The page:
Overfishing And Climate Change Closely Linked, Study Claims
Overfishing and climate change have been identified as two closely linked factors affecting the marine ecosystem, according to a new study.
The working paper, Ending Overfishing Can Mitigate Impacts of Climate Change, was commissioned by the environmental group Our Fish.
Authored by Dr Rashid Sumaila and Dr Travis Tai of the University of British Columbia, the study found that the two factors are "not mutually exclusive".
Dr Sumaila explained, "A healthy person is more likely to survive an epidemic than a person who is less healthy, and because of overfishing we have severely weakened the ocean’s immune system. Ending overfishing now would strengthen the ocean, making it more capable of withstanding climate change and restoring marine ecosystems."
Presently, at least 40% of fish in the North-East Atlantic and 87% in the Mediterranean and Black Seas are subject to unsustainable fishing practices, the study found.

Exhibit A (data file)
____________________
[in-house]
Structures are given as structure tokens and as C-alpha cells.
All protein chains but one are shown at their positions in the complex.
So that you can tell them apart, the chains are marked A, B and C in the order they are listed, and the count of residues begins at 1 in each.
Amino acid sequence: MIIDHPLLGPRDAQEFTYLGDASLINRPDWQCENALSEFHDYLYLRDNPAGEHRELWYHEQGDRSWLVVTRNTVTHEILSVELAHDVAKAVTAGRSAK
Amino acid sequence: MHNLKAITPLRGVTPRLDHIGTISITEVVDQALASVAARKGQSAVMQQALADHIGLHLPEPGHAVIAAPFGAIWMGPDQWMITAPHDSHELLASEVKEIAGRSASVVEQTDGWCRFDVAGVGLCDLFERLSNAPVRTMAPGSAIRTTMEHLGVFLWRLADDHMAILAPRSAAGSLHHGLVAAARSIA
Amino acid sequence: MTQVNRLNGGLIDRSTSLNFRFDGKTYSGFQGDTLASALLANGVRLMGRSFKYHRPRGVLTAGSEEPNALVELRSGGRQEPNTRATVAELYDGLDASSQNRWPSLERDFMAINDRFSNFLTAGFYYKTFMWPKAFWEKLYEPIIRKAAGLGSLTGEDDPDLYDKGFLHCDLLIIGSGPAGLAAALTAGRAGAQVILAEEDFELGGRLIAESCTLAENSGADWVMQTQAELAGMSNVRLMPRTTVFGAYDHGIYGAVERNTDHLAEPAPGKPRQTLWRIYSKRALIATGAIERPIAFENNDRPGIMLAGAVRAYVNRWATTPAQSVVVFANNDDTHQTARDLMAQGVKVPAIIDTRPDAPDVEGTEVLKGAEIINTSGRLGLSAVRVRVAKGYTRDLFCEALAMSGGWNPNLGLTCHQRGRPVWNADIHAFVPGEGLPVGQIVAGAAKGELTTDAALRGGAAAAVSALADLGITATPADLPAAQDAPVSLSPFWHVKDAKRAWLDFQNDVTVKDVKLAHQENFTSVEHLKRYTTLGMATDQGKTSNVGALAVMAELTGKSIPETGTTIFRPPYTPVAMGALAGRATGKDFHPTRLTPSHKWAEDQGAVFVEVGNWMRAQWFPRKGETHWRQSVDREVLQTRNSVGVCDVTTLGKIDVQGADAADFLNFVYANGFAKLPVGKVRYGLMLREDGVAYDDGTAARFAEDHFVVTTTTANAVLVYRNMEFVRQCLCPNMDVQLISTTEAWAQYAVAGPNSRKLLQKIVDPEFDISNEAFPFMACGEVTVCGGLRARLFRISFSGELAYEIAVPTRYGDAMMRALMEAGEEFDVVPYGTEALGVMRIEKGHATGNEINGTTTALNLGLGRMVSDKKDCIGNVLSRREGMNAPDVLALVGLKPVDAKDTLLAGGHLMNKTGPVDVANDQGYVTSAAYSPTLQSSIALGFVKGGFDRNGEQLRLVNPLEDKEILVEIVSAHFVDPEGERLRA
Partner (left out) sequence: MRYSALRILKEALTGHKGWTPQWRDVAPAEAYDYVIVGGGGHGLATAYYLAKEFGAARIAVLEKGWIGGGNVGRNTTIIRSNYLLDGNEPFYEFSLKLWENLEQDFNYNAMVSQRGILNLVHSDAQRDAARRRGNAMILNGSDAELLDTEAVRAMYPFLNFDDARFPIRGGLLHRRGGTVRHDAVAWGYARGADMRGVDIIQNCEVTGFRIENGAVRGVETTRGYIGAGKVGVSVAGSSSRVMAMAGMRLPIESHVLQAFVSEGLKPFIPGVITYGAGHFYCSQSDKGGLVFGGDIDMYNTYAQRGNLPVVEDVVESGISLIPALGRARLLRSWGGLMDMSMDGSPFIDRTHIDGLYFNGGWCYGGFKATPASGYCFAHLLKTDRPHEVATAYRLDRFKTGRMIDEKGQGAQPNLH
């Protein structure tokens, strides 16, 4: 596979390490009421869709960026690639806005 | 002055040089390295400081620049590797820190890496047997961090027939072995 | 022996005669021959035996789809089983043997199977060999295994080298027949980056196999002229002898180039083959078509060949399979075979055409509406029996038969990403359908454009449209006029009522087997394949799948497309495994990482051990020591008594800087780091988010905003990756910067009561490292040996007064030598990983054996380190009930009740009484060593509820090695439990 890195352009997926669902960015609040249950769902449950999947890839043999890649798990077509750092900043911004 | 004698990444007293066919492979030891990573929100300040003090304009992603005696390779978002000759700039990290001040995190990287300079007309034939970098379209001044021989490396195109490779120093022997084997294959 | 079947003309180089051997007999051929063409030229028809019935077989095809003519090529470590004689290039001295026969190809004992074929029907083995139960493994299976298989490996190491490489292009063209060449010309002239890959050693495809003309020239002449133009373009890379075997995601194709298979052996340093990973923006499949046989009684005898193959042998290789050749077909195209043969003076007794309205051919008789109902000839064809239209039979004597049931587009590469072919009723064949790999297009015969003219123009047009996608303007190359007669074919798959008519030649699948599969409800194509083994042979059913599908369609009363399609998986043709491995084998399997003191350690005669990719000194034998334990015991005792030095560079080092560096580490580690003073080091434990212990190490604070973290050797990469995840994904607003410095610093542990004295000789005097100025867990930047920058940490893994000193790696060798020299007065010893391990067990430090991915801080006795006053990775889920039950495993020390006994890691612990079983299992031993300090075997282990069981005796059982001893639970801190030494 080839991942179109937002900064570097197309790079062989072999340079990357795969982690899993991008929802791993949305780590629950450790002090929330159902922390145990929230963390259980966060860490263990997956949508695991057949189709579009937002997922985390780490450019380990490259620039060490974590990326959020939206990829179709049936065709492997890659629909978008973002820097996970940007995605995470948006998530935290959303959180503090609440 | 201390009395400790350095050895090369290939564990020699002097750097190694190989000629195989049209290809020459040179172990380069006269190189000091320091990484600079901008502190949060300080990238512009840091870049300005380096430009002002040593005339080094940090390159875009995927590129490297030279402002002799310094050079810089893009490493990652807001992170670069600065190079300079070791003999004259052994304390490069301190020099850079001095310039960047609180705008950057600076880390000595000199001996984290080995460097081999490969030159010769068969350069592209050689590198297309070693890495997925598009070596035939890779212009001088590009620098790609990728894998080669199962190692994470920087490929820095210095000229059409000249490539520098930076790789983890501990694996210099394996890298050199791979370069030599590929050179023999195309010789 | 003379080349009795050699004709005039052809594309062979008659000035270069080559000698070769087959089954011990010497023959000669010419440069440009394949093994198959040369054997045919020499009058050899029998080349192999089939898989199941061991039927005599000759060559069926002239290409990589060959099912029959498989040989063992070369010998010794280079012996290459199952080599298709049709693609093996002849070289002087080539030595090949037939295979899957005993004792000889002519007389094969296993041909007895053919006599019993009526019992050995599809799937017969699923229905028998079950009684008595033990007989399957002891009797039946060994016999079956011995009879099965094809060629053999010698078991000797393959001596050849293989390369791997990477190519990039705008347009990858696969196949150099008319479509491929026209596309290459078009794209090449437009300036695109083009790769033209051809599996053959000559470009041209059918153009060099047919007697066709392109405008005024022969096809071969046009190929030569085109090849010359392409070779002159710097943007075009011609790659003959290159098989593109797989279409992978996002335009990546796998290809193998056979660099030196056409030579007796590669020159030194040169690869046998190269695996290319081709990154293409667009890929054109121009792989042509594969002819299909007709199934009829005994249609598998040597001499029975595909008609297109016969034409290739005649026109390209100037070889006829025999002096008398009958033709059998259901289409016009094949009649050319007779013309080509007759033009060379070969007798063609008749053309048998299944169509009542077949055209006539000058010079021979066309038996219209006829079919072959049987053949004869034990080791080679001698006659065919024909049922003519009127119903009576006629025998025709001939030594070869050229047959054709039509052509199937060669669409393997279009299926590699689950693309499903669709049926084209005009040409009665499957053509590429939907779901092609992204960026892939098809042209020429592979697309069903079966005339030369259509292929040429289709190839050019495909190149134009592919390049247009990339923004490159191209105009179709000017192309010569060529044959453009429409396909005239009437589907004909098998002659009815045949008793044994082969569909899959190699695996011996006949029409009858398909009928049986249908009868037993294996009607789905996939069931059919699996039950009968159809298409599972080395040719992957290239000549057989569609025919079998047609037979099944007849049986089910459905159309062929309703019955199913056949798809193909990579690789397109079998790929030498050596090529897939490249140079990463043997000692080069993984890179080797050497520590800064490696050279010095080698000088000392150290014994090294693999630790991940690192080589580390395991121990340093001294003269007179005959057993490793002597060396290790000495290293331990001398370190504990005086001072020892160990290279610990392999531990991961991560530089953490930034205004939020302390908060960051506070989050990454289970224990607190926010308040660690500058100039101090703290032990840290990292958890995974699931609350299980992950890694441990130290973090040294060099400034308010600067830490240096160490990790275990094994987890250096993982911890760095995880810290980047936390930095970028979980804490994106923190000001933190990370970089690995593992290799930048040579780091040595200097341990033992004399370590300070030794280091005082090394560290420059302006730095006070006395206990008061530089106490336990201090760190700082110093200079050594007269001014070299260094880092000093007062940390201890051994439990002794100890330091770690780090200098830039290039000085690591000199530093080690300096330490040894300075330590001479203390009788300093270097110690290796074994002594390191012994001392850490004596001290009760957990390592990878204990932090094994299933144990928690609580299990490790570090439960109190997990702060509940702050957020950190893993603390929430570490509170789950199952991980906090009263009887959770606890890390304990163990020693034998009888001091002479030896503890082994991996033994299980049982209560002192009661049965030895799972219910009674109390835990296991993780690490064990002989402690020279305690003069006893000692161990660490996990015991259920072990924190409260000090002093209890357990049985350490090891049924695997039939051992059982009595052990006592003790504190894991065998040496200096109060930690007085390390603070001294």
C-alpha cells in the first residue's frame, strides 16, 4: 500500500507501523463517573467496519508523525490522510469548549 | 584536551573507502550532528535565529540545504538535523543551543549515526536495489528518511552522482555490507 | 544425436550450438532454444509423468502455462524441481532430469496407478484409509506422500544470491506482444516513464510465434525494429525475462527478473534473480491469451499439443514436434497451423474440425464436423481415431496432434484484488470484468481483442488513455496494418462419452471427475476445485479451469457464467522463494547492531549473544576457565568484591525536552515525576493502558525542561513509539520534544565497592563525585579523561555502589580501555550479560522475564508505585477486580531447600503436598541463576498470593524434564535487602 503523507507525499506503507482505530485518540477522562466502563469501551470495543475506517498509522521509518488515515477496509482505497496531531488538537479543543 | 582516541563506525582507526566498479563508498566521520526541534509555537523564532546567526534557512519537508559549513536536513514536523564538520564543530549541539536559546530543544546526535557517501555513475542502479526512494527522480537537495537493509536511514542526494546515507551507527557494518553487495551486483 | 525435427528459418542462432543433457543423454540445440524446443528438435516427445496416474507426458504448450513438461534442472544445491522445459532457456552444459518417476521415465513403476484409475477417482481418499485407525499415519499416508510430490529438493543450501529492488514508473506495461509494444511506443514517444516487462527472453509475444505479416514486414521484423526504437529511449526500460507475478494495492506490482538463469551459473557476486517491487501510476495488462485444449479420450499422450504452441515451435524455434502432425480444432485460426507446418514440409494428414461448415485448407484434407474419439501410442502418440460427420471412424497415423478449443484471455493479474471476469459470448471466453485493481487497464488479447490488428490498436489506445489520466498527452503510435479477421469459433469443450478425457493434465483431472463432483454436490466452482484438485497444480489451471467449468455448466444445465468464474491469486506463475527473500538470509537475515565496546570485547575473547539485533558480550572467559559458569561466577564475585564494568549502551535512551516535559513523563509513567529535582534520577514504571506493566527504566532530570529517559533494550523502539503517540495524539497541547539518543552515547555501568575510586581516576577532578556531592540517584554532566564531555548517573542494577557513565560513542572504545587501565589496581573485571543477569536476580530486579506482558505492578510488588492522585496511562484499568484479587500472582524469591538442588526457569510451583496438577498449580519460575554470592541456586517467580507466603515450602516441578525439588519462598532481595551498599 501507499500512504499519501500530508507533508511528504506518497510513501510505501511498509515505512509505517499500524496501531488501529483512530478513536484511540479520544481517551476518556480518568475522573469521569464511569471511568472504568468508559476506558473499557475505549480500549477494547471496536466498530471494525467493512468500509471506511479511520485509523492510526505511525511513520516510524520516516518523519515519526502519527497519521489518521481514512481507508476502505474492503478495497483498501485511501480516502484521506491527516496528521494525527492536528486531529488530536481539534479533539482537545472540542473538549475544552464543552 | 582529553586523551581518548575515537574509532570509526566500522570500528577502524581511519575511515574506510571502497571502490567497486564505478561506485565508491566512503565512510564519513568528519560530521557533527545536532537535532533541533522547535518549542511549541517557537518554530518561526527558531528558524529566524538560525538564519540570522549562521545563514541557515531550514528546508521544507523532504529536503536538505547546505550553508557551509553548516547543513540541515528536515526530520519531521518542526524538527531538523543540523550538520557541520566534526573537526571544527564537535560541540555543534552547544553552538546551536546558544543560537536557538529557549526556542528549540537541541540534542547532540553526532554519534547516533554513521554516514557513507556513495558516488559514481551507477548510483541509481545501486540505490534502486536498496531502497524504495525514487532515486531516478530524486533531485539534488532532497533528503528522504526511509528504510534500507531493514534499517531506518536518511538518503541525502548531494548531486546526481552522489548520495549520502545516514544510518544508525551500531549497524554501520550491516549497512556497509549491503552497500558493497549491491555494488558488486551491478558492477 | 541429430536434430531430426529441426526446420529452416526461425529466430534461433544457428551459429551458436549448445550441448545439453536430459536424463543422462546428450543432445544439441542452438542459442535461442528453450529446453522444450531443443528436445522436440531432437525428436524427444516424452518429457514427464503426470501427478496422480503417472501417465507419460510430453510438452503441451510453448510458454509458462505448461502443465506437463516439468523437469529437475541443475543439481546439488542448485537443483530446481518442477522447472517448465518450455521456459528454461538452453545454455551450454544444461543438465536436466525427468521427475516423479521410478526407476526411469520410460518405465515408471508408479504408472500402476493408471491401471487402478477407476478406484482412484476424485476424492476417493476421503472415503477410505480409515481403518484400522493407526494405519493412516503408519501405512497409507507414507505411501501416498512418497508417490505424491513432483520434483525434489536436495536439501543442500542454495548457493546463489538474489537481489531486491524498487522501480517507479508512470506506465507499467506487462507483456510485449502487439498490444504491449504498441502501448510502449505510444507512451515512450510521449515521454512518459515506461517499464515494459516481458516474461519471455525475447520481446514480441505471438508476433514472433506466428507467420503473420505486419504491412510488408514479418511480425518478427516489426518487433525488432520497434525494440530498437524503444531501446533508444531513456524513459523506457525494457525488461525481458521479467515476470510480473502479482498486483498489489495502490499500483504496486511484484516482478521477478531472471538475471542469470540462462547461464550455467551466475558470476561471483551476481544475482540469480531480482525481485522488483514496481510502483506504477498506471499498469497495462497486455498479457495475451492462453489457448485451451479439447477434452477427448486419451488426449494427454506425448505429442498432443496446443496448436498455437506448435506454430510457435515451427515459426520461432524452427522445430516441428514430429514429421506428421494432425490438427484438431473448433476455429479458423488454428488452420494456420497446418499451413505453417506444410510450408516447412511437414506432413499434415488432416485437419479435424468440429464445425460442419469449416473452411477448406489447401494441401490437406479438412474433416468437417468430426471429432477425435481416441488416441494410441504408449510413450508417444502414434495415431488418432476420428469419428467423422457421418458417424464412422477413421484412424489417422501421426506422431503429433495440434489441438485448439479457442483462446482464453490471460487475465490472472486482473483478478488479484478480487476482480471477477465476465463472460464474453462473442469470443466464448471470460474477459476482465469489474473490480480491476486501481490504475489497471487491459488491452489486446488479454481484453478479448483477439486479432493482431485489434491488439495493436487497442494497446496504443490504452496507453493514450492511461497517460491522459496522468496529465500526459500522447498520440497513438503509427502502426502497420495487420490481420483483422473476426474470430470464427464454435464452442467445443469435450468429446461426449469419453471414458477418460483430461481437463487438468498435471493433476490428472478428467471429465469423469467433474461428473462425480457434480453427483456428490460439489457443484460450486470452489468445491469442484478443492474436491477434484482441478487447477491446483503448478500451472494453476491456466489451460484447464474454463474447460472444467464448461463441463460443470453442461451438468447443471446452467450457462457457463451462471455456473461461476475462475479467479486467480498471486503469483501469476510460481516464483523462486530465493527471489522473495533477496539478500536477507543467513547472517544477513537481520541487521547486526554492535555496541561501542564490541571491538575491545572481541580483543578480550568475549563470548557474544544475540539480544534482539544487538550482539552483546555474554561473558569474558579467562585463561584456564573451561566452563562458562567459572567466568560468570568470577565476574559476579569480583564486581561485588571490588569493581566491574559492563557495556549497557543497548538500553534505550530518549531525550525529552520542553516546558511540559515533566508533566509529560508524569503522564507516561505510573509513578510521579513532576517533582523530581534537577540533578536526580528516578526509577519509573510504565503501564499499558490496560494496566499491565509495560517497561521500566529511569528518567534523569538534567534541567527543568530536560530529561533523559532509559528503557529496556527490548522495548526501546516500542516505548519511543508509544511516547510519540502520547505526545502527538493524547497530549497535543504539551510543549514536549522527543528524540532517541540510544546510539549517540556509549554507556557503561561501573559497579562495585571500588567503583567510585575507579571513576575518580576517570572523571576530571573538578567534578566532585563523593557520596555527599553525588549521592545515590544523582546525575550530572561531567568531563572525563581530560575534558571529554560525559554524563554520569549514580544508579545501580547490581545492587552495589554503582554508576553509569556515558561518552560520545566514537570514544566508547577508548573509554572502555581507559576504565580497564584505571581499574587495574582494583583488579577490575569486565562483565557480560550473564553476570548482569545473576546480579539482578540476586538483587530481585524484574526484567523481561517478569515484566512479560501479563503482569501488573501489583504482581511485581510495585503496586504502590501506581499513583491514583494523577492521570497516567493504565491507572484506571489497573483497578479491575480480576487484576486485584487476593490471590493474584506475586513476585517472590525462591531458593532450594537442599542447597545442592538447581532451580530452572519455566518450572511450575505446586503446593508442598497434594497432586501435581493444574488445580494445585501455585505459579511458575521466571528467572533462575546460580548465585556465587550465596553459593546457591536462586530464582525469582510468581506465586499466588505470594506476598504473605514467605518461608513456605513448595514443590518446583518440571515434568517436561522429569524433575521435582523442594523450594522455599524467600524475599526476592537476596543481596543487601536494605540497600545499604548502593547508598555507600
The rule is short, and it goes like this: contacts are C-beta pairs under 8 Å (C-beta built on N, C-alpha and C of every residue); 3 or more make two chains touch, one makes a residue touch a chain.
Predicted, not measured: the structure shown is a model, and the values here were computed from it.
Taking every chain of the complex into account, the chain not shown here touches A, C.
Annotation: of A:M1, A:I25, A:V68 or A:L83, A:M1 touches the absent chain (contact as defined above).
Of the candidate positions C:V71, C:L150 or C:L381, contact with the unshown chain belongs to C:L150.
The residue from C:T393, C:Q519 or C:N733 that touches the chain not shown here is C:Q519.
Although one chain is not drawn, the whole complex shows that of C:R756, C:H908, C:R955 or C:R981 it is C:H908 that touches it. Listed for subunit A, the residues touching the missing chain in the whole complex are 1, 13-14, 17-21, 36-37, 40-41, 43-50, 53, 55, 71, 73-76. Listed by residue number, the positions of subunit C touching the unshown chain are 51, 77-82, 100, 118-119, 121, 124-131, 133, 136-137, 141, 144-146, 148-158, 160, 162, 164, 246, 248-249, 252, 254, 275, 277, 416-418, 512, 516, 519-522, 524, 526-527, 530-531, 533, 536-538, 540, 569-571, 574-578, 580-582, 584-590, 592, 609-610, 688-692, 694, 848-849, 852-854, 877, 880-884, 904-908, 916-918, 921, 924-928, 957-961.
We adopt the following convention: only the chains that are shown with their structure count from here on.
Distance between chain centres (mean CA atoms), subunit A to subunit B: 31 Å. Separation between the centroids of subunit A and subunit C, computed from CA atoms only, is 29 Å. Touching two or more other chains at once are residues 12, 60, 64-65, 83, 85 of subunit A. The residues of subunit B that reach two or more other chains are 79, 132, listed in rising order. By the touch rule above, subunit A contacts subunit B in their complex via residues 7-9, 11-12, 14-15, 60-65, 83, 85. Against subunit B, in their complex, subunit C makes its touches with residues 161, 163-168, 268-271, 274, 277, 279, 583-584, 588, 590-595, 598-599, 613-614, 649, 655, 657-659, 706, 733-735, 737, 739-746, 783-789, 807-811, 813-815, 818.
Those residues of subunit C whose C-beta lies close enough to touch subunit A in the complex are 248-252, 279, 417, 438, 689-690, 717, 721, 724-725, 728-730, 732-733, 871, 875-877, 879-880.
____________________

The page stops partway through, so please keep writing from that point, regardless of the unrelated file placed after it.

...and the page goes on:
Also, the onset of rapid climate change in marine ecosystems is a potential threat for some species.
According to Our Fish, the report’s findings offer EU governments a realistic opportunity to deliver immediate and effective action to eliminate overfishing.
'New Green Deal For Europeans'
Rebecca Hubbard, programme director of the Our Fish campaign, said, "The ocean generates more than half the oxygen we breathe, and buffers us against the worst impacts of dangerous climate change, but overfishing undermines its capacity to perform these critical jobs.
"The EU can deliver a stronger new Green Deal for Europeans by making the Green Deal 'Blue', and taking decisive action to end all overfishing in response to the climate emergency."
© 2019 European Supermarket Magazine – your source for the latest retail news. Article by Dayeeta Das. Click subscribe to sign up to ESM: The European Supermarket Magazine.